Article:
Kevin Newton has a background in Applied Anthropology and Social Psychology. He leads the Talent, Learning, and Careers UER programs team at LinkedIn. This team focuses on scaling research through programmatic approaches while maintaining rigor and also quantifying the user experience. Currently, he is most interested in models to enable non-researchers to do quality research. Outside of LinkedIn he enjoys spending time with his wife and two daughters, gardening, and playing board games.
If you figure out your customer needs upfront why do you need to do any more research?
In this session, our speakers will discuss:
- Why you need to do continuous discovery
- How to do it and
- Who needs to be involved
Kevin, Manager of UX Research, and Brandi, UX Research Program Manager at LinkedIn, have been solving problems of scale for the past two years. By identifying why problems exist, understanding the dynamics within the organization, and ultimately developing a series of toolkits to enable faster research across all areas of the organization, they have been able to create sustainable, rapid programs of research. Their programs include enabling Designers to run research sessions with employees, conducting 3 weeks of back to back research with full stakeholder engagement, and collecting quantitative usability stats. They will offer examples from their journey to create a systematic research flow enabled by clear process and templates, which helped designers and product managers gather quick feedback, as well as gave Design a seat at the “numbers table.”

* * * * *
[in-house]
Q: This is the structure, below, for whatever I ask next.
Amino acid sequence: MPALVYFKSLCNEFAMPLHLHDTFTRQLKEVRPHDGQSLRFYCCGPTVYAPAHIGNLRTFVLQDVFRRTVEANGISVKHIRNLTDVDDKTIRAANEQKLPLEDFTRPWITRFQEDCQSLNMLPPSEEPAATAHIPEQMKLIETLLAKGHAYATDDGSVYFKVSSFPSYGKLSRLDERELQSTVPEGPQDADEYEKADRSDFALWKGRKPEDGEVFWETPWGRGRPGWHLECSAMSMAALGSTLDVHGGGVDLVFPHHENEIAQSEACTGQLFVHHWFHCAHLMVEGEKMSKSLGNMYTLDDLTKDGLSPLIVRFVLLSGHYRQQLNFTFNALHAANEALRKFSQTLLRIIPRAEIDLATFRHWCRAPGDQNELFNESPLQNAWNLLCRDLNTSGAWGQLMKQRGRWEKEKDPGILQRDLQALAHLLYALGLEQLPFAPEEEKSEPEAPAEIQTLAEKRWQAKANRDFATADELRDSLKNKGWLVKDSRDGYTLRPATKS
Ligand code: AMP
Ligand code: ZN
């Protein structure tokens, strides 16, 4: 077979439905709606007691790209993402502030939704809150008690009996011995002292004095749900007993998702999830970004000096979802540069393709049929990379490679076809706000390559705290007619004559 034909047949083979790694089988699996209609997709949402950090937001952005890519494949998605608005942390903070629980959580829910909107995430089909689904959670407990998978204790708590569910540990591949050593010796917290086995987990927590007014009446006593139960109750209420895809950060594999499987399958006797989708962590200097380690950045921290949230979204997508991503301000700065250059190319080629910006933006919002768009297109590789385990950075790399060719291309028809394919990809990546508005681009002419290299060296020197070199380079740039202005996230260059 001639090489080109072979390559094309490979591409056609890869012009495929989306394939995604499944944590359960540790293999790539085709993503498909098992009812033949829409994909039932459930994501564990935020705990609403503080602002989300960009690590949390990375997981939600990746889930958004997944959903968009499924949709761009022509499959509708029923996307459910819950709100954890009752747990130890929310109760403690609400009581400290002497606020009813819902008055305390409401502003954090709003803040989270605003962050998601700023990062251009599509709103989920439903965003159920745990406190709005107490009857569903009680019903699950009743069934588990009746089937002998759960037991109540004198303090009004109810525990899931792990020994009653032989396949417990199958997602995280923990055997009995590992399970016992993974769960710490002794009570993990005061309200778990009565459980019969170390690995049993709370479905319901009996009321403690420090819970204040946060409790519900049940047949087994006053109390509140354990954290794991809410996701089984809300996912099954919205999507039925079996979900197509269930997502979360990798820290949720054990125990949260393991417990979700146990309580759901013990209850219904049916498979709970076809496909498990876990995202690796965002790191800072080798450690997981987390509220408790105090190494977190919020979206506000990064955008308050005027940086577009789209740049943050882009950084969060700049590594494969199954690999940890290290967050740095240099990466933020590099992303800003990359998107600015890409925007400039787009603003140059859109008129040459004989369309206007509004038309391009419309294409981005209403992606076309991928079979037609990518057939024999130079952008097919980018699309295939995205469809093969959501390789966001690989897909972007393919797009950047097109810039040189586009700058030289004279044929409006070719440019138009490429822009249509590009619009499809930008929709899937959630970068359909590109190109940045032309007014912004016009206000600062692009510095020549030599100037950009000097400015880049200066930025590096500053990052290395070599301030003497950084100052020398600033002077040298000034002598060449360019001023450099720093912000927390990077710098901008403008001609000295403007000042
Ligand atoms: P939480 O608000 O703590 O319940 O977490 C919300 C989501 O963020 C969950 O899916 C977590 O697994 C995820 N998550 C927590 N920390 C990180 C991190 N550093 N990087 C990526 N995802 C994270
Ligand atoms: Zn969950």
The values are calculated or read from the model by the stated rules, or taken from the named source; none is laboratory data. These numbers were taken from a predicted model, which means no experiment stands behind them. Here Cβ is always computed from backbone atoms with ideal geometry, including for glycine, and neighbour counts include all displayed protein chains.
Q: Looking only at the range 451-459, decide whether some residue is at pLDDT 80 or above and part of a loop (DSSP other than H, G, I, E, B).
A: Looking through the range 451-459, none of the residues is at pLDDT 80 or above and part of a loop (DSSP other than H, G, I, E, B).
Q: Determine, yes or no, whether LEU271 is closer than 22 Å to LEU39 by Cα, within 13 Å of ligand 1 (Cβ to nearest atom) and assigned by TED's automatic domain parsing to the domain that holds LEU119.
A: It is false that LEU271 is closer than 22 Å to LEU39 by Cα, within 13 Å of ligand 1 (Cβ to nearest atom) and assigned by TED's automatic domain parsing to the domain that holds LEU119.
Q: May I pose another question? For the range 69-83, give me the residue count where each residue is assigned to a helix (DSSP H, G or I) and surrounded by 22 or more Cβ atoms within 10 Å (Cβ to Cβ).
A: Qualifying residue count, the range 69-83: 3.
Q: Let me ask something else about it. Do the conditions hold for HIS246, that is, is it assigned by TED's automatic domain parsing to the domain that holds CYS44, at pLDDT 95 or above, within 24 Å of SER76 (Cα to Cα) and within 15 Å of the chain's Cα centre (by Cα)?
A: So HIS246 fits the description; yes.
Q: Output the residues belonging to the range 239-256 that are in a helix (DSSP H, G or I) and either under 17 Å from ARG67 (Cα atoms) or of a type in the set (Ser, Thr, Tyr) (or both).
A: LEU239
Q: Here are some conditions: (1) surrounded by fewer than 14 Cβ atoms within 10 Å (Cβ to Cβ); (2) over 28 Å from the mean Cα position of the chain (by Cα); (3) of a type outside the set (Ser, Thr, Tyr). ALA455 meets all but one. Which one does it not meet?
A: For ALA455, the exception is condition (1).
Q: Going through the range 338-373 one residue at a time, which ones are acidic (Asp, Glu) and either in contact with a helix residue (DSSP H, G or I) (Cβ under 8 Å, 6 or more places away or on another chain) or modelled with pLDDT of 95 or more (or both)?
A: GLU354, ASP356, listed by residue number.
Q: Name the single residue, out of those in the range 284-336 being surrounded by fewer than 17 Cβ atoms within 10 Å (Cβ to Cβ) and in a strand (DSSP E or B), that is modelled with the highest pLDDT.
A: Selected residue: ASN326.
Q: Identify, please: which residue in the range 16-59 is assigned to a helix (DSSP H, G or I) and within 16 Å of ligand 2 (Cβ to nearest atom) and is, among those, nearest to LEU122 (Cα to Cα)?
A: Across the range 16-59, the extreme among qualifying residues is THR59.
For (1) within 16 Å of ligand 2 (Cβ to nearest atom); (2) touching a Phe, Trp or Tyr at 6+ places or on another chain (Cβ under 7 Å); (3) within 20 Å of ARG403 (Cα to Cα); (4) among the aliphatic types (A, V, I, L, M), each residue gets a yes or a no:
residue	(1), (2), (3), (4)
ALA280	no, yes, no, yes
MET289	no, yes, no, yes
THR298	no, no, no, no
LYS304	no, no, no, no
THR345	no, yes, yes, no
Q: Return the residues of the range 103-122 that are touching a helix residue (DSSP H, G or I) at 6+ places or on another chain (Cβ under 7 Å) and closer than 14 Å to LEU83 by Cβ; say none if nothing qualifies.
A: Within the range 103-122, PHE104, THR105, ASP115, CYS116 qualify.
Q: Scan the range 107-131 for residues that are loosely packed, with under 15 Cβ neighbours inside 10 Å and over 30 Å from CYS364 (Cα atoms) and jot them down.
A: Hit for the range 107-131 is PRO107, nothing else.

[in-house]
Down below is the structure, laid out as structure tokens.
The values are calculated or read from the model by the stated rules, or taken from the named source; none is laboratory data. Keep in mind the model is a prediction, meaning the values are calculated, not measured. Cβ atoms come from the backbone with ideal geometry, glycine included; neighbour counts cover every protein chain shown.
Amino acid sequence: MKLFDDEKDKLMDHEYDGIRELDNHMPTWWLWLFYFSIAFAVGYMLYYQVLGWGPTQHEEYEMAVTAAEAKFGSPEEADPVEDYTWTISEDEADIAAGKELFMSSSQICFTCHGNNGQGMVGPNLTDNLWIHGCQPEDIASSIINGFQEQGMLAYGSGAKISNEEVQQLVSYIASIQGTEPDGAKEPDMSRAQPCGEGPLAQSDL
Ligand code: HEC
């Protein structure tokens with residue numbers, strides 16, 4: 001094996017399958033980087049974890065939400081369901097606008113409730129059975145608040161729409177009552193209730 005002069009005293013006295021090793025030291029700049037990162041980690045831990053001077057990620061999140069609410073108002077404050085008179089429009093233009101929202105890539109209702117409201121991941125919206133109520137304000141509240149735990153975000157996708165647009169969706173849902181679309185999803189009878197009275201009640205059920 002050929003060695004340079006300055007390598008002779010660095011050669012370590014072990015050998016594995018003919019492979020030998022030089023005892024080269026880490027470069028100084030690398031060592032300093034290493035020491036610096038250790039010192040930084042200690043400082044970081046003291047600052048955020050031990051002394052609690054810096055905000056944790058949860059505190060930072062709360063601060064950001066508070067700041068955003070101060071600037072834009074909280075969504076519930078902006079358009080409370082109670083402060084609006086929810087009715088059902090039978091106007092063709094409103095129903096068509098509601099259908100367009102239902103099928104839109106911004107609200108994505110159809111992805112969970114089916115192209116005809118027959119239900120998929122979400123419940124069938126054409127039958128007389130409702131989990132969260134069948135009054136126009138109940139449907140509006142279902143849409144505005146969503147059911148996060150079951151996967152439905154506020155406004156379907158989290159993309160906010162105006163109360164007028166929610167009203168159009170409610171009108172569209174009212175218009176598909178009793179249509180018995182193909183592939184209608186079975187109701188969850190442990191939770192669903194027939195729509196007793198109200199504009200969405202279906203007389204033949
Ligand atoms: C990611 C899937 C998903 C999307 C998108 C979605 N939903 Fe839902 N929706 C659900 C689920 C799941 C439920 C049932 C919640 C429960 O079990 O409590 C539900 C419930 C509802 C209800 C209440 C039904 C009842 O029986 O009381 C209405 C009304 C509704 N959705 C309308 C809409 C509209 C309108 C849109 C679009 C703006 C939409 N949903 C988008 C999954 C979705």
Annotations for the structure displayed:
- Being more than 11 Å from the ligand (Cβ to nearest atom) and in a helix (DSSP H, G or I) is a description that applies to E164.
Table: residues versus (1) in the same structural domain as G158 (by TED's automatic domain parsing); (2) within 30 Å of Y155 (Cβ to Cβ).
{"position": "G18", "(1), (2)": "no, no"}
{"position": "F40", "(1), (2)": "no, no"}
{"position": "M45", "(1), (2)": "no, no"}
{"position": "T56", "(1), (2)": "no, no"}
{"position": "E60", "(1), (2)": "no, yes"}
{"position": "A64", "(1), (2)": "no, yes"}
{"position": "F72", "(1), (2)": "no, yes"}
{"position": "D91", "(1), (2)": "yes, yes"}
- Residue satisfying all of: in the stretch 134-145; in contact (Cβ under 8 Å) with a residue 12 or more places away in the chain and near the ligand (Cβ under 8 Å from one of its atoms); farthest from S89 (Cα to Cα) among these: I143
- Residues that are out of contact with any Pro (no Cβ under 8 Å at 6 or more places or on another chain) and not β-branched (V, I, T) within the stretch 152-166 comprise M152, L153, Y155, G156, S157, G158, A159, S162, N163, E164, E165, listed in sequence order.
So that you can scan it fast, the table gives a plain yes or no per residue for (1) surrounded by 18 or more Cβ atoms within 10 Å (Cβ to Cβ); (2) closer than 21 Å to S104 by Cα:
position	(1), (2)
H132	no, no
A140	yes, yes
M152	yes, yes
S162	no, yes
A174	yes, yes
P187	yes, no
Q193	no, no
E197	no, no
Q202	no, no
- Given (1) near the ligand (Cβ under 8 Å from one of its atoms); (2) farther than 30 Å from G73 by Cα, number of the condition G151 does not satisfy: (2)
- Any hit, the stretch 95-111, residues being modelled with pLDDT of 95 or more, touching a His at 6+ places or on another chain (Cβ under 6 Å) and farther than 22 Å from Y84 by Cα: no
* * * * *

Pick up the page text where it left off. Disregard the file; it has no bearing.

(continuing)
In this talk, Kevin and Brandi will talk through:
- Scaling research at LinkedIn and how they built programmatic research approaches
- How the introduction of templates enabled better stakeholder buy-in
- Evangelizing UX across the organization to enable other teams like talent acquisition to participate in research and amplify their voice earlier in the development of a LinkedIn product they use every day
- How they created a streamlined process that enables qualitative researchers to produce valid and reliable quantitative output